The Haciendas of Mexico: An Artist’s Record, by Paul Alexander Bartlett, first published in 1990 and now available as a free Gutenburg pdf or Epub, is a great starting point for anyone interested in the history, economics, art and architecture of the hundreds of colonial haciendas which still grace Mexico’s rural areas. Bartlett made one of the earliest artistic records of more than 350 of these haciendas, dragging his family around the country for years as he obsessively explored lesser-known places. The photographs and pen and ink illustrations in his outstanding book were made on site from 1943 to 1985.
Bartlett’s hacienda art work has been displayed at the Los Angeles County Museum, the New York City Public Library, the University of Virginia, the University of Texas, the Instituto Mexicano-Norteamericano in Mexico City, and at the Bancroft Library, among other places.
Paul Alexander Bartlett (1909-1990) attended Oberlin College and the University of Arizona, before studying art at the National University of Mexico (UNAM) and in Guadalajara. He was an instructor in creative writing at Georgia State College, Editor of Publications at the University of California Santa Barbara (1964-70) and wrote dozens of short stories and poems. His books include the short novel Adios, mi México (1983), and the novel When the Owl Cries (1960).
Writing must run in the family. Bartlett’s wife was the well-known poet and writer Elizabeth Bartlett (1911-1994). The couple met in Guadalajara in 1941 and married two years later in Sayula. Their son Steven James Bartlett is a widely published author in the fields of psychology and philosophy.
In the foreward to The Haciendas of Mexico: An Artist’s Record, novelist James Michener writes that:
I first became aware of the high artistic merit of Paul Bartlett’s work on the classic haciendas of Old Mexico when I came upon an exhibition in Texas in 1968. His drawings, sketches, and photographs evoked so effectively the historic buildings I had known when working in Mexico that I wrote to the architect-artist to inform him of my pleasure.”
Gisela von Wobeser observes, in her introduction, that,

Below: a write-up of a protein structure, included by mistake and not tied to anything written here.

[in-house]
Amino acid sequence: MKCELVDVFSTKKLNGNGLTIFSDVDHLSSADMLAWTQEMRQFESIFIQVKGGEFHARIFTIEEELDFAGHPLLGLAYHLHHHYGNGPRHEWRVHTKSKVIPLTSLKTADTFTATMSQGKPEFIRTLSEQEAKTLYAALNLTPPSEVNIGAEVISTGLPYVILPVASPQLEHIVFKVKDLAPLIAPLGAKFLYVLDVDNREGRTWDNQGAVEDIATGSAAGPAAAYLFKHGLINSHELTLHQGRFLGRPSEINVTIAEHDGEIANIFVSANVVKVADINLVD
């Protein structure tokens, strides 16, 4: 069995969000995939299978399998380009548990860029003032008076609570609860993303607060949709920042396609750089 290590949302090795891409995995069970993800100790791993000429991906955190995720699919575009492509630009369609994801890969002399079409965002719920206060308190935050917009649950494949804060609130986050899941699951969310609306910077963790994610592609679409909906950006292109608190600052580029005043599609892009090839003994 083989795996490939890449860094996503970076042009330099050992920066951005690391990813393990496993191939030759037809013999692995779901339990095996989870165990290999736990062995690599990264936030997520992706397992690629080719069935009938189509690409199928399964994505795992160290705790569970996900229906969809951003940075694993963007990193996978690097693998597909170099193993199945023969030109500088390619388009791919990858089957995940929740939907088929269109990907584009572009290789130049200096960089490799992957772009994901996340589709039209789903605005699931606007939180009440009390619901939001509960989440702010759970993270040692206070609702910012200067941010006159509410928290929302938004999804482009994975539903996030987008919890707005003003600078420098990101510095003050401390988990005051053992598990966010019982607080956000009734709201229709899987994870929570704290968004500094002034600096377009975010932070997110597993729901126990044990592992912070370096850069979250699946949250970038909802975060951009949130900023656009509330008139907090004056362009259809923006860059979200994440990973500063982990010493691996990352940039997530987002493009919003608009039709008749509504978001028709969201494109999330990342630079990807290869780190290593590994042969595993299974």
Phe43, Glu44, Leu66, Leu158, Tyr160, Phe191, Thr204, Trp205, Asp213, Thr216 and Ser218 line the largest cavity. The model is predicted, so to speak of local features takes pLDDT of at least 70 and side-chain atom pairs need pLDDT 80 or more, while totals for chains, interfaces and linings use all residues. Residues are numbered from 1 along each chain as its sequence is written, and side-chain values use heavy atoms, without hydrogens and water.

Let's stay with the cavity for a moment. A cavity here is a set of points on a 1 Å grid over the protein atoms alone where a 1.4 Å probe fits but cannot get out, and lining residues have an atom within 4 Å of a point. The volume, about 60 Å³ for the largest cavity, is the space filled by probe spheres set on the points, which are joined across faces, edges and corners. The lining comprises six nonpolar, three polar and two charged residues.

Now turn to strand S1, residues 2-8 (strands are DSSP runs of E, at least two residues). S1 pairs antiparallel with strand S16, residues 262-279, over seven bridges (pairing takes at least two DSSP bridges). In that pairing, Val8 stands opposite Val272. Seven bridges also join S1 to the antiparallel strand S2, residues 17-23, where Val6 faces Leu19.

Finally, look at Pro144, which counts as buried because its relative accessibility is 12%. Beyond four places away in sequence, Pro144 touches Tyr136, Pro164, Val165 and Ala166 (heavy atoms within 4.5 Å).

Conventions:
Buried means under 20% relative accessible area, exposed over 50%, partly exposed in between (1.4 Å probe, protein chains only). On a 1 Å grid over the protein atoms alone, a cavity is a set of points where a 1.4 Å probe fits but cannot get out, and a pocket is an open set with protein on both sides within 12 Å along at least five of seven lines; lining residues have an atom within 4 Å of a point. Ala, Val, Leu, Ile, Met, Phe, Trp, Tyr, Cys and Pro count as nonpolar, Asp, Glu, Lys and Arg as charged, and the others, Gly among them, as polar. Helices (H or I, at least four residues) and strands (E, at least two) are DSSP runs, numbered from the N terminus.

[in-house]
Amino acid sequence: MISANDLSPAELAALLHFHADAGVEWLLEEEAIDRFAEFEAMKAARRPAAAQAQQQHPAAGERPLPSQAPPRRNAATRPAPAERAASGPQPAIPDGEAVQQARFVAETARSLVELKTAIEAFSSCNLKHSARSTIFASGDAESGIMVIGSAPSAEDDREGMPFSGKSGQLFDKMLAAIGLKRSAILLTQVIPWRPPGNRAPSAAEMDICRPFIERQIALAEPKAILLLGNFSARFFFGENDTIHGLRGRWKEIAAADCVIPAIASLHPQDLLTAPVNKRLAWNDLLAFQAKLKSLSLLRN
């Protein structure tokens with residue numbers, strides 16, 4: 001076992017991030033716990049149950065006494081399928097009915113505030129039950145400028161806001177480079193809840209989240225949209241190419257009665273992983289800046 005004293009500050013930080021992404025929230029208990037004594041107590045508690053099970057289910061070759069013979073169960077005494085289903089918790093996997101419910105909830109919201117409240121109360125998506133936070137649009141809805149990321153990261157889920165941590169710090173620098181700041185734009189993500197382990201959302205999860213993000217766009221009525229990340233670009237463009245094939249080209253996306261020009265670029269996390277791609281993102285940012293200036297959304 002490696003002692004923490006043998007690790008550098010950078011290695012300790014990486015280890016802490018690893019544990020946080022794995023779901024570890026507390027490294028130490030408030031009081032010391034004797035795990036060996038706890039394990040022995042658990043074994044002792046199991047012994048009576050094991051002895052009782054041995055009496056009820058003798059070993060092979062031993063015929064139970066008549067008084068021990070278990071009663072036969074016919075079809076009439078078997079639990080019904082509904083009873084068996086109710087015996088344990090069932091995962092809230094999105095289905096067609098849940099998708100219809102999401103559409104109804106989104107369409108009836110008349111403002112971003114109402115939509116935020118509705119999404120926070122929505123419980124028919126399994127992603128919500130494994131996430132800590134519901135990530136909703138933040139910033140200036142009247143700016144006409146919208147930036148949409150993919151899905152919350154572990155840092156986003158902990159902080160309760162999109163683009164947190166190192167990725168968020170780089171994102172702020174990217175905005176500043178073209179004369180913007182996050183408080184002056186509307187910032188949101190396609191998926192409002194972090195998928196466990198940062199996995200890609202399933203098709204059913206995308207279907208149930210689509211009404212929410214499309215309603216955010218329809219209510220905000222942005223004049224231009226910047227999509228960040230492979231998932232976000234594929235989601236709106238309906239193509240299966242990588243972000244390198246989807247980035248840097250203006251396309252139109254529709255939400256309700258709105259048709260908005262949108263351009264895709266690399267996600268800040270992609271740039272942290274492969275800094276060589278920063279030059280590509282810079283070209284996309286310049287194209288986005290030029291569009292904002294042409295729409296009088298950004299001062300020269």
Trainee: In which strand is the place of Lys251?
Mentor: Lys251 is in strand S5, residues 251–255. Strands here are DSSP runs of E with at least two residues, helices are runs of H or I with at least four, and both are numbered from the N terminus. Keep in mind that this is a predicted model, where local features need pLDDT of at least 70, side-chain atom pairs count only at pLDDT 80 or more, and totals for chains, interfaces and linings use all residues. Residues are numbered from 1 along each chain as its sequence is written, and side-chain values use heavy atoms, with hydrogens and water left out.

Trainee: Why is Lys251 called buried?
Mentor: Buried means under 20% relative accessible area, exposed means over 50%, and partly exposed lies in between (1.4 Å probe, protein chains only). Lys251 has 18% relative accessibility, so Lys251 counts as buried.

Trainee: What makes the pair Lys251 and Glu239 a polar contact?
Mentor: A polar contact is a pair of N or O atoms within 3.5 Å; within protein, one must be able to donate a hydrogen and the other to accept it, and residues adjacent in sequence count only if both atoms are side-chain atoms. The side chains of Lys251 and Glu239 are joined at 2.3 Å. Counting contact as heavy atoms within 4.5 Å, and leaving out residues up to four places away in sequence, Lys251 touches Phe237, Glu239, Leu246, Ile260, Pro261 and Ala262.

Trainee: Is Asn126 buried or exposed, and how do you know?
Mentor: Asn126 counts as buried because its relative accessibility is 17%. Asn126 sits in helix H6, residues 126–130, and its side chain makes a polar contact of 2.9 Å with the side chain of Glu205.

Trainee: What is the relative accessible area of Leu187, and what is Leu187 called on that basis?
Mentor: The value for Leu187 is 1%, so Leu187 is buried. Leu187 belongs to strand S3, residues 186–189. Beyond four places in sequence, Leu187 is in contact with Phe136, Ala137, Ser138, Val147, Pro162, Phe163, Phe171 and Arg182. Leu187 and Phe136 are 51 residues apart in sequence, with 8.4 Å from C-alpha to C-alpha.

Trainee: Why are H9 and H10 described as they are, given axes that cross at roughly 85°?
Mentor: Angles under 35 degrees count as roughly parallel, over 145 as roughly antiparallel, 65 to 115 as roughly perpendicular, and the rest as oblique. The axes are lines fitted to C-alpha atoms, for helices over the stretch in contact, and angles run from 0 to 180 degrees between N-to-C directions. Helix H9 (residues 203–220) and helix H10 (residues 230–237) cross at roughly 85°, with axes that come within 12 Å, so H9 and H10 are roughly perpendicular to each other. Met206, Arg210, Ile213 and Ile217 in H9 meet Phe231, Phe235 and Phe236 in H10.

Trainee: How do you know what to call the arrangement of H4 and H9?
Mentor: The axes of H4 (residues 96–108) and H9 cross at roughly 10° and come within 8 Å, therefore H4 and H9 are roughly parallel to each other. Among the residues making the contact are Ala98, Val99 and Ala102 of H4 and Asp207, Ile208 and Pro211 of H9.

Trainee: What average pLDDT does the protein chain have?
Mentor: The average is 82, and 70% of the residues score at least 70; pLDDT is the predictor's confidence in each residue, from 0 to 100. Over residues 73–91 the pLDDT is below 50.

When Bartlett began his hacienda visits in the 1940s, he found many of the hacienda buildings in ruins, exposed to the ravages of time and vandalism. Buildings had been converted into chicken coops, pigsties, public apartments, and machine shops. Others served as sources for construction materials, from which were scavenged rocks, bricks, beams, and tiles for the habitations of the local population. In some cases the destruction was total: All the hacienda’s structures were removed, and only the name of the place alluded to the fact that a hacienda had ever existed there.
At other haciendas, buildings were adapted to new uses. They were transformed into hotels, resorts, government buildings, barracks, hospitals, restaurants, and schools. The exterior of the buildings were generally left intact; interiors were completely changed.
The best—preserved hacienda buildings were those that continued to function as country properties or vacation homes. In these, Bartlett often found furnishings and utensils from the epoch of Don Porfirio, surrounded by the old traditions of Mexican country life.”
von Wobeser makes the useful distinction between three types of hacienda: those where grains were the main output, those specializing in cattle-rearing, and those for sugar-cane cultivation and processing.
The book describes haciendas in almost every state of the Republic. A handy map and list are provided of which haciendas are located in each state. There are more than 100 pen-and-ink illustrations and photographs in total in the book, which is arranged in seven chapters:
- The Hacienda System
- Through the Eyes of Hacienda Visitors
- Hacienda Life
- The Revolution
- Mexico Since the Revolution
The accompanying text, written from a non-specialist perspective, is always lively, informative and interesting. The style of illustrations is varied, in keeping with the immense variety of haciendas that the author explored and sketched.
Coincidentally, the hacienda of Zapotitán in Jalisco (see illustration above), located close to Jocotepec and Lake Chapala, is the first hacienda to be featured in the on-going series of articles by modern-day hacienda explorer Jim Cook. Jim spends countless hours researching old haciendas, and regularly goes exploring with friends to see what is left on the ground today. His descriptions and photographs are easily the best contemporary accounts of the haciendas in western Mexico.
All in all, this is a really useful addition to the literature about Mexico’s haciendas, one guaranteed to answer many of the questions and doubts that visitors to Mexico often express about just how haciendas functioned and what working and living conditions were like, both for the owner’s family and the workers.
An archive of Bartlett’s original pen-and-ink illustrations and several hundred photographs is held in the Benson Latin American Collection of the University of Texas in Austin. A second collection of hacienda photographs and other materials is maintained by the Western History Research Center of the University of Wyoming in Laramie.
Want to visit some haciendas?
Chapter 9 of my Western Mexico, A Traveler’s Treasury (2013) focuses on the “Hacienda Route” to the south and west of Guadalajara, with an itinerary that includes visiting several haciendas within easy reach of the city.